Posted by bsj on November 29, 2003, at 10:00:58
In reply to Re: Might Opiates in Moderation Fight Depresion?, posted by MysticalMeds on November 28, 2003, at 16:07:53
A short history of the medical use of opiates:
In the late 19th and early 20th centuries, not only could you buy opiates freely, but they were in practically every kind of medication
and remedy available. In a way, the excessive use of opiates in that era paved the way for modern opiophobia in the medical establishment;
opiophobia is a knee-jerk reaction to the very scattershot and disreputable medicine of the past, where heroin, e.g., was used to quiet (sometimes permanently) fussy infants.
Opiates were used to treat some cases of depression up until the 1950s, when the first crude antidepressants became widely used. It was assumed then that ADs could completely replace all other medications for depression--which,
of course, wasn't true, but now doctors had an excuse not to use opiates: they could push the new ADs instead. Then the political and social developments of the next 20 years, Nixon's drug war in particular, would ensure that opiates
would never again see psychiatric use. Even today medical schools drill opiophobia into their students, so that not even pain patients who need the drugs get them in the necessary quantities. It's partly the fault of doctors and partly the fault of agencies like the DEA, who regularly yank the power to prescribe controlled substances from doctors (or threaten to yank; all it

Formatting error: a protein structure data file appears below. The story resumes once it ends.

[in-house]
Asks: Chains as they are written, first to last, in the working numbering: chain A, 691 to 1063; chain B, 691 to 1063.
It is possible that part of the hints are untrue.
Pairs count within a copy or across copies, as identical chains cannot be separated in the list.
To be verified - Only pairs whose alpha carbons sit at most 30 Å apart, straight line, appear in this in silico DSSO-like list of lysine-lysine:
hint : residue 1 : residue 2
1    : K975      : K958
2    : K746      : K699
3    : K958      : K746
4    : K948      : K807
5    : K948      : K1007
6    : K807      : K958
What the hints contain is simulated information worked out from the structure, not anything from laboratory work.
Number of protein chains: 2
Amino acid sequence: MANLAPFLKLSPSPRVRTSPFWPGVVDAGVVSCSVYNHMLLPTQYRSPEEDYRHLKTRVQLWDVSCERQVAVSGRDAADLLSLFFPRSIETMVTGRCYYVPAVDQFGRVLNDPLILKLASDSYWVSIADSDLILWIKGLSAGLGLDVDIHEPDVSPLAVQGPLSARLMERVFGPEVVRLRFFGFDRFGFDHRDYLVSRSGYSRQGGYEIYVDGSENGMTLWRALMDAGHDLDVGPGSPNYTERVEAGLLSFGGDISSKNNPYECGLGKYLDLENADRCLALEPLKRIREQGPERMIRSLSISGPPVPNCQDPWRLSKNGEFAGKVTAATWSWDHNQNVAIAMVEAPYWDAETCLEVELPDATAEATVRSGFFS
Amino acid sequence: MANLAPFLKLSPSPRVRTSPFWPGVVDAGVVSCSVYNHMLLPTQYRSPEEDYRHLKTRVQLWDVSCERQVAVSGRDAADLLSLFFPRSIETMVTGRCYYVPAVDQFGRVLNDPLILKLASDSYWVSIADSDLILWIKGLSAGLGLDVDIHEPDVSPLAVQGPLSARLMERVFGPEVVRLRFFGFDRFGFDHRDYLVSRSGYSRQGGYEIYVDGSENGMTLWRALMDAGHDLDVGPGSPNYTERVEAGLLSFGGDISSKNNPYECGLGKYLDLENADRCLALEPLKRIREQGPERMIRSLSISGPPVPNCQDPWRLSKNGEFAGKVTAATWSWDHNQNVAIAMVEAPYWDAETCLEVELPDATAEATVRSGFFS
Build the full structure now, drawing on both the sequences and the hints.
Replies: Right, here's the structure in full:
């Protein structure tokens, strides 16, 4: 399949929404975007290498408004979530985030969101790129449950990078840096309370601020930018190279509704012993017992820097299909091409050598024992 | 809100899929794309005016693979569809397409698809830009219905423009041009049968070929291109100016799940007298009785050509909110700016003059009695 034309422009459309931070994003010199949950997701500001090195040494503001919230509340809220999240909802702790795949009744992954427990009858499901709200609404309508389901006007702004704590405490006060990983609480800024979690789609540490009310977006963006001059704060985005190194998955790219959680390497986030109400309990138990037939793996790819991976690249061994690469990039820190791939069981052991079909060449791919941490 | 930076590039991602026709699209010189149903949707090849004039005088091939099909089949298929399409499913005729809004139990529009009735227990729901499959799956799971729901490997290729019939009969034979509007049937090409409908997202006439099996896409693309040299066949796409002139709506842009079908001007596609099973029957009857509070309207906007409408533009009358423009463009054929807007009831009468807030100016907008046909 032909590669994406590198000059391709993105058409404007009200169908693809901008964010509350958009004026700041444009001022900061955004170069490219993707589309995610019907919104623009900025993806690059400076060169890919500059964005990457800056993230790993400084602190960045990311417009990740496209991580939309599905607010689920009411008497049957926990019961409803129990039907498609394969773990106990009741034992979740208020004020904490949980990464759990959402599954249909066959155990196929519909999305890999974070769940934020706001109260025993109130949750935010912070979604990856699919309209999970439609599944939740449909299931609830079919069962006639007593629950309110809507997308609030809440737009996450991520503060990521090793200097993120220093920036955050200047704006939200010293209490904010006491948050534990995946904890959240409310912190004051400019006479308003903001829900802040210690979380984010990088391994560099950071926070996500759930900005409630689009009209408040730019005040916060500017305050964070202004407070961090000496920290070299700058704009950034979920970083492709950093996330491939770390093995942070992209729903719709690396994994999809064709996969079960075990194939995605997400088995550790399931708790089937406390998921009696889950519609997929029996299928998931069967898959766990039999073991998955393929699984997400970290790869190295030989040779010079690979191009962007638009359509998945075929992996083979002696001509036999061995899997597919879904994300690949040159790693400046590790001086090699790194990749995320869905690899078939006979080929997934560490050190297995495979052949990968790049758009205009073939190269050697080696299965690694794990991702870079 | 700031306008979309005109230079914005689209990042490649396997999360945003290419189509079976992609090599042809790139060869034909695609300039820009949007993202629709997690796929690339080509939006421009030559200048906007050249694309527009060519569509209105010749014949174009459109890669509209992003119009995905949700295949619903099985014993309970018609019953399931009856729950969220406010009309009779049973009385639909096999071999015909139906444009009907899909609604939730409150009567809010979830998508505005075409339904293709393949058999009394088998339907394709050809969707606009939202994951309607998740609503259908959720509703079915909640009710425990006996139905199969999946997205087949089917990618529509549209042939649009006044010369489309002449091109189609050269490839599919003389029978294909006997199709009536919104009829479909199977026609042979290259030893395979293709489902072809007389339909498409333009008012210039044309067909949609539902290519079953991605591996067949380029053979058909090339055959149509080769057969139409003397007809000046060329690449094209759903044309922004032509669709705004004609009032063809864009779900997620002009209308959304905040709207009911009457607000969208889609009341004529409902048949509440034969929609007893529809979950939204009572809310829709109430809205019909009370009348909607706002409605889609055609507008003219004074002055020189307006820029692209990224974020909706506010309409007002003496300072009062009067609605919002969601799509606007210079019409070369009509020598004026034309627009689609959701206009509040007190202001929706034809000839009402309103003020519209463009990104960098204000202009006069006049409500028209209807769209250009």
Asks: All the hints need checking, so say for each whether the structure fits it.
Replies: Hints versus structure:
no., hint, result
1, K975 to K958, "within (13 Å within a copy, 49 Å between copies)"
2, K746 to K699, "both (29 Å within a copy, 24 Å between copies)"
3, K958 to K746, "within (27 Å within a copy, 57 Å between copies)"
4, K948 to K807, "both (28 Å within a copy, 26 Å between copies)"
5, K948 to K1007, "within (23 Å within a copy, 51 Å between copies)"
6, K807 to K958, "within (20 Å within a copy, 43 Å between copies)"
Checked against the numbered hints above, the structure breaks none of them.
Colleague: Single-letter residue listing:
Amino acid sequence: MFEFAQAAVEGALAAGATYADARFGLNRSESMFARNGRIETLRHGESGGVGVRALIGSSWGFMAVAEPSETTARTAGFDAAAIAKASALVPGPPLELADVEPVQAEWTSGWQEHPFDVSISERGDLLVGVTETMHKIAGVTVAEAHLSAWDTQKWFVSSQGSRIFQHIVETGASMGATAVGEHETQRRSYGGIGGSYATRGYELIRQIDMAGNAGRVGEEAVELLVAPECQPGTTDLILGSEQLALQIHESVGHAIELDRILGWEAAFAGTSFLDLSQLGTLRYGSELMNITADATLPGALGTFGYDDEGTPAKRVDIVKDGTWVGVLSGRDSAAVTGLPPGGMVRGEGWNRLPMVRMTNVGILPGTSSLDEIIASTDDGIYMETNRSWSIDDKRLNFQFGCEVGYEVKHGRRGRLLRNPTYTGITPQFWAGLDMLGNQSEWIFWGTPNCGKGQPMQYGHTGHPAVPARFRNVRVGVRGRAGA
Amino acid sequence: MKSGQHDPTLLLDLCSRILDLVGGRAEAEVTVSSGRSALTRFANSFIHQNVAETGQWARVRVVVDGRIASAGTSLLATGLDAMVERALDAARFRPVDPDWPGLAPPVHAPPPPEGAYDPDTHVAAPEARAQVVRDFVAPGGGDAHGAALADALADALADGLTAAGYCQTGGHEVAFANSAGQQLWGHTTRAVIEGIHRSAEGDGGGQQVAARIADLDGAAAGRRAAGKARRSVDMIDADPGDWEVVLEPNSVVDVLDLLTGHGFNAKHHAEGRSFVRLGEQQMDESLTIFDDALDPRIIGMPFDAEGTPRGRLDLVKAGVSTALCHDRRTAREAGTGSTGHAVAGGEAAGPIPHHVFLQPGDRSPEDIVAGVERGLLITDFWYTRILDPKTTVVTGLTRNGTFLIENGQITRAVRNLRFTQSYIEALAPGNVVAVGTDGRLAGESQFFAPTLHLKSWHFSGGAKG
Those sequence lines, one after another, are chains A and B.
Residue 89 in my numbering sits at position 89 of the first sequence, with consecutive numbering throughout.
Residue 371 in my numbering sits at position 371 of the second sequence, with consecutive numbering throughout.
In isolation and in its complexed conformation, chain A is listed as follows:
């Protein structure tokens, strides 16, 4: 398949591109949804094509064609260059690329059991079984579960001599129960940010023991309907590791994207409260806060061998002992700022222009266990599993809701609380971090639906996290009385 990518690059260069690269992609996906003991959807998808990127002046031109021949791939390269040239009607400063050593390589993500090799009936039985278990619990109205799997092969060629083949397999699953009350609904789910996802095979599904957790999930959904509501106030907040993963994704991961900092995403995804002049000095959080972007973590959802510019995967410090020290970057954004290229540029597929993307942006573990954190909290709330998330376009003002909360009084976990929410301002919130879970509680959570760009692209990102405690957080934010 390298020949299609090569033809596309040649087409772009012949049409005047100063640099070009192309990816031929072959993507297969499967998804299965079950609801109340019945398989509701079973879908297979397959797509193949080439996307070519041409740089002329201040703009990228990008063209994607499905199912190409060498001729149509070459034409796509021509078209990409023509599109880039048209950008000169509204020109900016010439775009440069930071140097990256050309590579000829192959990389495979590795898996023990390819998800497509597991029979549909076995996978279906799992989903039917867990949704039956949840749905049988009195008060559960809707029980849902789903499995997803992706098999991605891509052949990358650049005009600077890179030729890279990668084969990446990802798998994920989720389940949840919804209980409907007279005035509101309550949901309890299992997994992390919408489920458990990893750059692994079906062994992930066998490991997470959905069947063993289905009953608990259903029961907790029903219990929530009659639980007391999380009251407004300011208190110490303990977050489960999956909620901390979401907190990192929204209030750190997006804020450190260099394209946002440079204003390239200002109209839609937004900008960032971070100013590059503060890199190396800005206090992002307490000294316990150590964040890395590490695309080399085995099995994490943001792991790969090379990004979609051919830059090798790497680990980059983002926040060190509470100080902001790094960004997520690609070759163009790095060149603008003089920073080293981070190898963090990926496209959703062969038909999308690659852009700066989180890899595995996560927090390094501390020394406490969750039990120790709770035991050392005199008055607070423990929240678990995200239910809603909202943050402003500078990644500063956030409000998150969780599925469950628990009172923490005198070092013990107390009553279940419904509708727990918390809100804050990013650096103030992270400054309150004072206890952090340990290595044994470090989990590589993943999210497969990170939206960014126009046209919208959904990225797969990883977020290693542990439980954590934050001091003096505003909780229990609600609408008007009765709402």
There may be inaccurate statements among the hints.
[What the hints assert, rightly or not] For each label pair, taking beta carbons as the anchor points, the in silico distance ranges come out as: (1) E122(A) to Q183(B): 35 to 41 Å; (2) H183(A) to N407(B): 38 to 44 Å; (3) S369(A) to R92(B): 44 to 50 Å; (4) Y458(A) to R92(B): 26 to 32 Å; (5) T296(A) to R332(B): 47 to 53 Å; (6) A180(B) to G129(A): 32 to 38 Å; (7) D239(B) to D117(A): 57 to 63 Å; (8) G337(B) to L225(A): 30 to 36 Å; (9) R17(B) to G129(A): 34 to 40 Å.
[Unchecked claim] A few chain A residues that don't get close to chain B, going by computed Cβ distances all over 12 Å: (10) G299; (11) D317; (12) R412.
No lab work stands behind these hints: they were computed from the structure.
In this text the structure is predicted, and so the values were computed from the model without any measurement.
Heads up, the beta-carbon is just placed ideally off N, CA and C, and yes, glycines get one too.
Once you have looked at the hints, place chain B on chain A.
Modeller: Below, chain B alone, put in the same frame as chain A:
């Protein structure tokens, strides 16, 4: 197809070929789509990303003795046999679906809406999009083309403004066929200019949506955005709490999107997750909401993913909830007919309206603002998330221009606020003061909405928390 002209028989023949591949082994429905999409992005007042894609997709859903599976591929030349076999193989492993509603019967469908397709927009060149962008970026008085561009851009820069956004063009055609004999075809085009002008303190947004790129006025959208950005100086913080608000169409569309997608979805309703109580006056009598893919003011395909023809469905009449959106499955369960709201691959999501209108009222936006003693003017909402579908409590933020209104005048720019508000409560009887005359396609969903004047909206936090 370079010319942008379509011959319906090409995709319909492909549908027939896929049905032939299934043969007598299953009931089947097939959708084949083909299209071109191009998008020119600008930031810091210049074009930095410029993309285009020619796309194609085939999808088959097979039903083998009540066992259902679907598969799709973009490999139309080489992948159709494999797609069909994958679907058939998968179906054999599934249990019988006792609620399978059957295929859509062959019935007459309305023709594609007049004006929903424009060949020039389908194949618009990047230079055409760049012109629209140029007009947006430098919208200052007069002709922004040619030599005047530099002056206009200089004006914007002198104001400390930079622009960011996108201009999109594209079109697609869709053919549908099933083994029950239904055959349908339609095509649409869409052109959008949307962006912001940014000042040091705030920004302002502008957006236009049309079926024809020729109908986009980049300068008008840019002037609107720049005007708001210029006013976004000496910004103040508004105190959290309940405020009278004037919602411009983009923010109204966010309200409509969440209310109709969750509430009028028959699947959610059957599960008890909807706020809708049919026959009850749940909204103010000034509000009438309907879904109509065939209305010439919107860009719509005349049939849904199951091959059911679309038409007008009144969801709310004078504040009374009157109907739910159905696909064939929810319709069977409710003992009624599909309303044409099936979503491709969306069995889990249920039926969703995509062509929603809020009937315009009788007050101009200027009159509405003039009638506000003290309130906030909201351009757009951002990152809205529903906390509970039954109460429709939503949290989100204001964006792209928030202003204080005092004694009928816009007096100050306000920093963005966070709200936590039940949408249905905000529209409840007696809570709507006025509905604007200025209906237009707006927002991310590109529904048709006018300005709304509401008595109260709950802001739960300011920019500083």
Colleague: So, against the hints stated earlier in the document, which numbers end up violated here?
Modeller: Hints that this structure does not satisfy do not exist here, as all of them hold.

takes is a bit of fear).
The dogma of opiophobia goes something like this: opiates are powerfully addictive drugs that, if used in any quantities for an extended length of
time, will cause addiction and completely destroy the lives of those who take them. The distinction between physical dependence and psychological dependence is rarely taken into account; even though the two are very
different things, it's assumed that one goes hand in hand with the other--i.e., that psychological addiction is inevitable. This is the most dubious
part of the dogma, and flat out false; most chronic pain patients never have problems, e.g. Opiophobia ascribes to opiates powers that they don't have--viz, the power to turn any user into a hopeless slave. Does this happen? Sure.
Is it inevitable, or an excuse not to try opiates for refractory cases of depression? Absolutely not. I'd argue that stimulants are, on the whole,
far more dangerous drugs, yet their use in refractory cases is well established. The exclusion of opiates from the antidepressant arsenal is arbitrary and motivated primarily by political concerns, not medical ones.
(On the subject or mental and physical pain: I can't discern any real qualitative difference between the two; the fact that we tend to think of them as separate things is a legacy of the Western mind-body distinction, going back to Descartes.)